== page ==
Why You Should Never Let Your Dog Ride With His Head Out The Car Window

Why You Should Never Let Your Dog Ride With His Head Out The Car Window

Ellen Britt for CNT #wooftips

Dogs love to ride with their heads hanging out the car window, their tongues hanging out and ears flopping in the breeze. But as much as they might enjoy this, it’s really not a good idea and can be potentially harful to your dog.

Why do dogs seem to enjoy doing this so much? They love the movement of fresh air on their faces and the moving air also carries with it a symphony of scents. No wonder your dog likes this so much!

But the dangers of allowing him to do this far outweigh the momentary pleasure. These include:

One – Your dog’s eyes are at risk, not only from the very real chance of an insect or other foreign object becoming embedded in his eyes, but from the possibility that the air rushing over the surfaces of his eyes may dry out and damage his corneas, possibly damaging his eyesight.

Two – No matter how careful you are, your dog could lean too far out of the window and fall or he could suddenly decide to jump from the car.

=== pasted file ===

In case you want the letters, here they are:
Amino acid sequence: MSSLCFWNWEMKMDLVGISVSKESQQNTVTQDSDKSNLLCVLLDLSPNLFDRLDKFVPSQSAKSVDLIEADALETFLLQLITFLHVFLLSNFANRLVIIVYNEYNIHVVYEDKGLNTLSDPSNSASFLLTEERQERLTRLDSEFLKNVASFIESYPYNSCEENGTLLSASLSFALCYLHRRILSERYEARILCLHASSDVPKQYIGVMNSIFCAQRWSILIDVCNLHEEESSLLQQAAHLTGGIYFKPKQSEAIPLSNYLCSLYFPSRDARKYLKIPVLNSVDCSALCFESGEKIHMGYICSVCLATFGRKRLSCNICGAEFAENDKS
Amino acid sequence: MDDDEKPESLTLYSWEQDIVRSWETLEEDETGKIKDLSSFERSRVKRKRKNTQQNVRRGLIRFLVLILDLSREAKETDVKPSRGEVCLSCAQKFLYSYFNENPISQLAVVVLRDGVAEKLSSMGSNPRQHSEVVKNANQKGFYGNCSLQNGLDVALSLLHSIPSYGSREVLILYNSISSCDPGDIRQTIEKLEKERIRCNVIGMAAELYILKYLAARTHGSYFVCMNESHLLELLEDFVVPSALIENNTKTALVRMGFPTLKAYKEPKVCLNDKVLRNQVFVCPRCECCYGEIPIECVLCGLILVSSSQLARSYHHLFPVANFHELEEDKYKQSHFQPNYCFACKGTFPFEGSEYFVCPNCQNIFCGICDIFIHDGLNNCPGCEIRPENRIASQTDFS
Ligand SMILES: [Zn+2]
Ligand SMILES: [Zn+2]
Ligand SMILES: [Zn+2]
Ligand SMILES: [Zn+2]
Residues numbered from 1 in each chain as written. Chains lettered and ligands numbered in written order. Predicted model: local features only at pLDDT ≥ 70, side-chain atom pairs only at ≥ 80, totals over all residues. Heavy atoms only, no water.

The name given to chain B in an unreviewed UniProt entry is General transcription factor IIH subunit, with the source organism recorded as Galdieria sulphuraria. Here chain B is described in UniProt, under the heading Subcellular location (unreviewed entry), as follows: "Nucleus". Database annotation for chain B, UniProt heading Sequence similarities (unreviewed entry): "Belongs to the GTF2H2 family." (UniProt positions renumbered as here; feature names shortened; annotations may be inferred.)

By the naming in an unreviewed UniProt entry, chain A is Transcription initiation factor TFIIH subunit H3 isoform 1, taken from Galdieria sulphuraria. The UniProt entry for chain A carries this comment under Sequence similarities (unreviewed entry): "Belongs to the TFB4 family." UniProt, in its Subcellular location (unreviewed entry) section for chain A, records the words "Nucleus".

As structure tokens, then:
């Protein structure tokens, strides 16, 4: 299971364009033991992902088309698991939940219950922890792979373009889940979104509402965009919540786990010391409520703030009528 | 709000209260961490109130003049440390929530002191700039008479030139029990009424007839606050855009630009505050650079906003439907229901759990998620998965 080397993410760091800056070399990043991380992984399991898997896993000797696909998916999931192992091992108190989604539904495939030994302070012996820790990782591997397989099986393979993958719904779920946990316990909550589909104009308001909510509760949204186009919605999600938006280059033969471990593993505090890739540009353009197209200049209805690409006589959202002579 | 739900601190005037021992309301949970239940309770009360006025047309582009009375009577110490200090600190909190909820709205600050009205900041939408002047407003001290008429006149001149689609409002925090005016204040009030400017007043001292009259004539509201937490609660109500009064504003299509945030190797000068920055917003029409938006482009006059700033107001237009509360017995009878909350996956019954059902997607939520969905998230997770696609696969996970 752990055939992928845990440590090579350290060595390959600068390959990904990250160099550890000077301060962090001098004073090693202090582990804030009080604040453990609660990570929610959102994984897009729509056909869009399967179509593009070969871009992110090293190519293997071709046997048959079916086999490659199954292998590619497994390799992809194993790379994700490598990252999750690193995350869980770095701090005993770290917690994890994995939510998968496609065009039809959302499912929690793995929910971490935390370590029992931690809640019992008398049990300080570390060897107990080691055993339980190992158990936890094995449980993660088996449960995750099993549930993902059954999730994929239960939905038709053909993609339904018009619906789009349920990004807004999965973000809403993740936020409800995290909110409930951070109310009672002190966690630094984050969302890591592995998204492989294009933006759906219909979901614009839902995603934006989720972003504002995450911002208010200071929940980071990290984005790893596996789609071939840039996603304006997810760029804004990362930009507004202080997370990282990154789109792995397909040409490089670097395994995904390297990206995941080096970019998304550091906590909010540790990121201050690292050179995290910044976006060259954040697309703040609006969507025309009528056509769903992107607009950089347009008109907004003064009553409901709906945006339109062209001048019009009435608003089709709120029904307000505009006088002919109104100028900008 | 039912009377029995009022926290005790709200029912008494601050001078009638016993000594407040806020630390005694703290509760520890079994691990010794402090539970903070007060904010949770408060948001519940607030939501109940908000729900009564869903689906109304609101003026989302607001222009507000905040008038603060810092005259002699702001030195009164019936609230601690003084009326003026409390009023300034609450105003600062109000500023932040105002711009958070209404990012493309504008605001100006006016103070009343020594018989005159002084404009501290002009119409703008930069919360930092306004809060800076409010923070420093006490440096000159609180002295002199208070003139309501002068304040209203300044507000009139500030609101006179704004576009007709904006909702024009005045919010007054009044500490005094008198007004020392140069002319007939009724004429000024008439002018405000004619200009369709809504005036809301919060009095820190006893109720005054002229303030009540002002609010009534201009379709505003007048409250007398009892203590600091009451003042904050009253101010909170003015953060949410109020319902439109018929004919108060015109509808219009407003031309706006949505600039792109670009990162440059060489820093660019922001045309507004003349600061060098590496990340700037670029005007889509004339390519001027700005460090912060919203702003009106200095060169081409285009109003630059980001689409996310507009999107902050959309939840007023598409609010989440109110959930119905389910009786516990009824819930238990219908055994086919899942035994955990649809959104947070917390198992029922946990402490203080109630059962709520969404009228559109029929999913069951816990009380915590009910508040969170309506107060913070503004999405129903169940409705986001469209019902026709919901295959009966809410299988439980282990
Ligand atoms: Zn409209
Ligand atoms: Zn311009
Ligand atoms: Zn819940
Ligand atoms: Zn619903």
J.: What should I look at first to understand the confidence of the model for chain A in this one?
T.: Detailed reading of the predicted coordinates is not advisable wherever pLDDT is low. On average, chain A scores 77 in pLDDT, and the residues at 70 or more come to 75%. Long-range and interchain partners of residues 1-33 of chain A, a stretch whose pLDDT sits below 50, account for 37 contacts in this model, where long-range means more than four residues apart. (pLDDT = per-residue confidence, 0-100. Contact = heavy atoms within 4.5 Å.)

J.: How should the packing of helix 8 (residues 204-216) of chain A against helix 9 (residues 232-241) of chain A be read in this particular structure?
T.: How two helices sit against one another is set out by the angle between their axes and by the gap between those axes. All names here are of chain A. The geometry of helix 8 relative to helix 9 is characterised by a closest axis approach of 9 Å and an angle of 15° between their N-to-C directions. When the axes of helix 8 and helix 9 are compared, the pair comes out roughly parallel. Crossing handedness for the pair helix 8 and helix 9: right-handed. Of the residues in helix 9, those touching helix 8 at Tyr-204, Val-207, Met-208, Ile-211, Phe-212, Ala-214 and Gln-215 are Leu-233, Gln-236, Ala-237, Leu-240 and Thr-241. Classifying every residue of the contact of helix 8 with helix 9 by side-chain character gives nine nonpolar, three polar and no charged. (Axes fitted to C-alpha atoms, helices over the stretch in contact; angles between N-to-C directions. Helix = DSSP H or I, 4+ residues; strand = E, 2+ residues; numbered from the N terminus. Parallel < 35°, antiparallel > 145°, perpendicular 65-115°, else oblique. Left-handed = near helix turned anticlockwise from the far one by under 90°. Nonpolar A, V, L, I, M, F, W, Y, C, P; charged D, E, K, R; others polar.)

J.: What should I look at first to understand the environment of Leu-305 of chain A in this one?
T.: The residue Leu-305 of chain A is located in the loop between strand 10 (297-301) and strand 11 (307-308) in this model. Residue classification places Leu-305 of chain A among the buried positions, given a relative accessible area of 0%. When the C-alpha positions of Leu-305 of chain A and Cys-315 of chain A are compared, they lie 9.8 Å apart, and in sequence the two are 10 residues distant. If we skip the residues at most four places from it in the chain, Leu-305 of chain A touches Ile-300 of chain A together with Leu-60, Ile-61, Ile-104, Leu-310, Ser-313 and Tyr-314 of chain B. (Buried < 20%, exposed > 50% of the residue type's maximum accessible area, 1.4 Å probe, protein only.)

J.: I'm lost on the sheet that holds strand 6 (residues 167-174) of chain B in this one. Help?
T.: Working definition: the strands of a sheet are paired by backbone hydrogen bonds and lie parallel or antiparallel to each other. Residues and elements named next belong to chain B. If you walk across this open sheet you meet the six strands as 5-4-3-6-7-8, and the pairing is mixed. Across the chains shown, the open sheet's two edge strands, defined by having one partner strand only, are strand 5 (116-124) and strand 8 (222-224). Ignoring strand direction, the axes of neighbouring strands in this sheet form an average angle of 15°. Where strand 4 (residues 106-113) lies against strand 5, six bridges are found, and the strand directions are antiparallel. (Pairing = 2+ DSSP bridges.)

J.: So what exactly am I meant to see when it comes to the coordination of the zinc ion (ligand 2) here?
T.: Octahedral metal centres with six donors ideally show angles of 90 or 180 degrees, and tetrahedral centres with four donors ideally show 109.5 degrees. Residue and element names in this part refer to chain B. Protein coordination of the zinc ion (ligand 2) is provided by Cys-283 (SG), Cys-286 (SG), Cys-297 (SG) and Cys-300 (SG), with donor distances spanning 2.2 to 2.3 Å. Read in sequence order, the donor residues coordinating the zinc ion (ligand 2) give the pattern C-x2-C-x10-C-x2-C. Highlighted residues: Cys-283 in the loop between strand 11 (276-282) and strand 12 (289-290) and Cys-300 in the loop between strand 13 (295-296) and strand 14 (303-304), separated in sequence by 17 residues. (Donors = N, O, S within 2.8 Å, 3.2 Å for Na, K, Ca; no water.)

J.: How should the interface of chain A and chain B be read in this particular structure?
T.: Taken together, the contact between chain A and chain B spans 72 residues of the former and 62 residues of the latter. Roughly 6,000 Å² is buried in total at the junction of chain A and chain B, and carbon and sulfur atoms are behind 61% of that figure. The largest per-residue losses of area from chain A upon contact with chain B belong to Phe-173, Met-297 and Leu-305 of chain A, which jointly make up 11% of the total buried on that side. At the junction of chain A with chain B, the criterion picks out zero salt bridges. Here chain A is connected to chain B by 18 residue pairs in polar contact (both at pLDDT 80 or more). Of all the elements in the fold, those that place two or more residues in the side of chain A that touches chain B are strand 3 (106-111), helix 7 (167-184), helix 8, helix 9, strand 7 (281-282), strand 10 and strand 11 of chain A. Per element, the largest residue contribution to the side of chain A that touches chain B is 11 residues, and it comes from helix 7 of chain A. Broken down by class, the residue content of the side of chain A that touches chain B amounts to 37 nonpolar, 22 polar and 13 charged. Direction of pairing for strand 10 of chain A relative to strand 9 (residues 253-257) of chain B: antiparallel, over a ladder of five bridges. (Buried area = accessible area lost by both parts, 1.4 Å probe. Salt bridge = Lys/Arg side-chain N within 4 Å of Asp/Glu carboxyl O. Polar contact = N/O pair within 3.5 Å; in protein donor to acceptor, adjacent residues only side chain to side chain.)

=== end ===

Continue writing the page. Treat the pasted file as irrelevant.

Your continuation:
Three – If you have to suddenly stop the car, or are hit, he could be thrown from the vehicle or tossed about the interior with enough force to injure or kill him.

Four – If you were to lose control of the car and sideswipe an object on the side of the car where he is riding unprotected, his chances of injury or death are high.

You can still let your dog have the pleasure of the rushing air sensation without the danger. Dogs riding in the back seat of any vehicle should be properly restrained in a harness. You can then lower the window part way so he gets the smells without putting his safety at risk. Be sure to lock your back windows, as dogs have been known to learn how to let them down using the automatic levers. 

If the weather is warm, make sure the air in your dog’s part of the vehicle is adequately cooled, especially if you have the windows partially open. 
By Ellen Britt

Dr. Ellen Britt has loved dogs since she was a child. She is particularly fond of the Northern breeds, especially Alaskan Malamutes. Ellen worked as a PA in Emergency and Occupational Medicine for two decades and holds a doctorate (Ed.D.) in biology.

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By Ellen Britt

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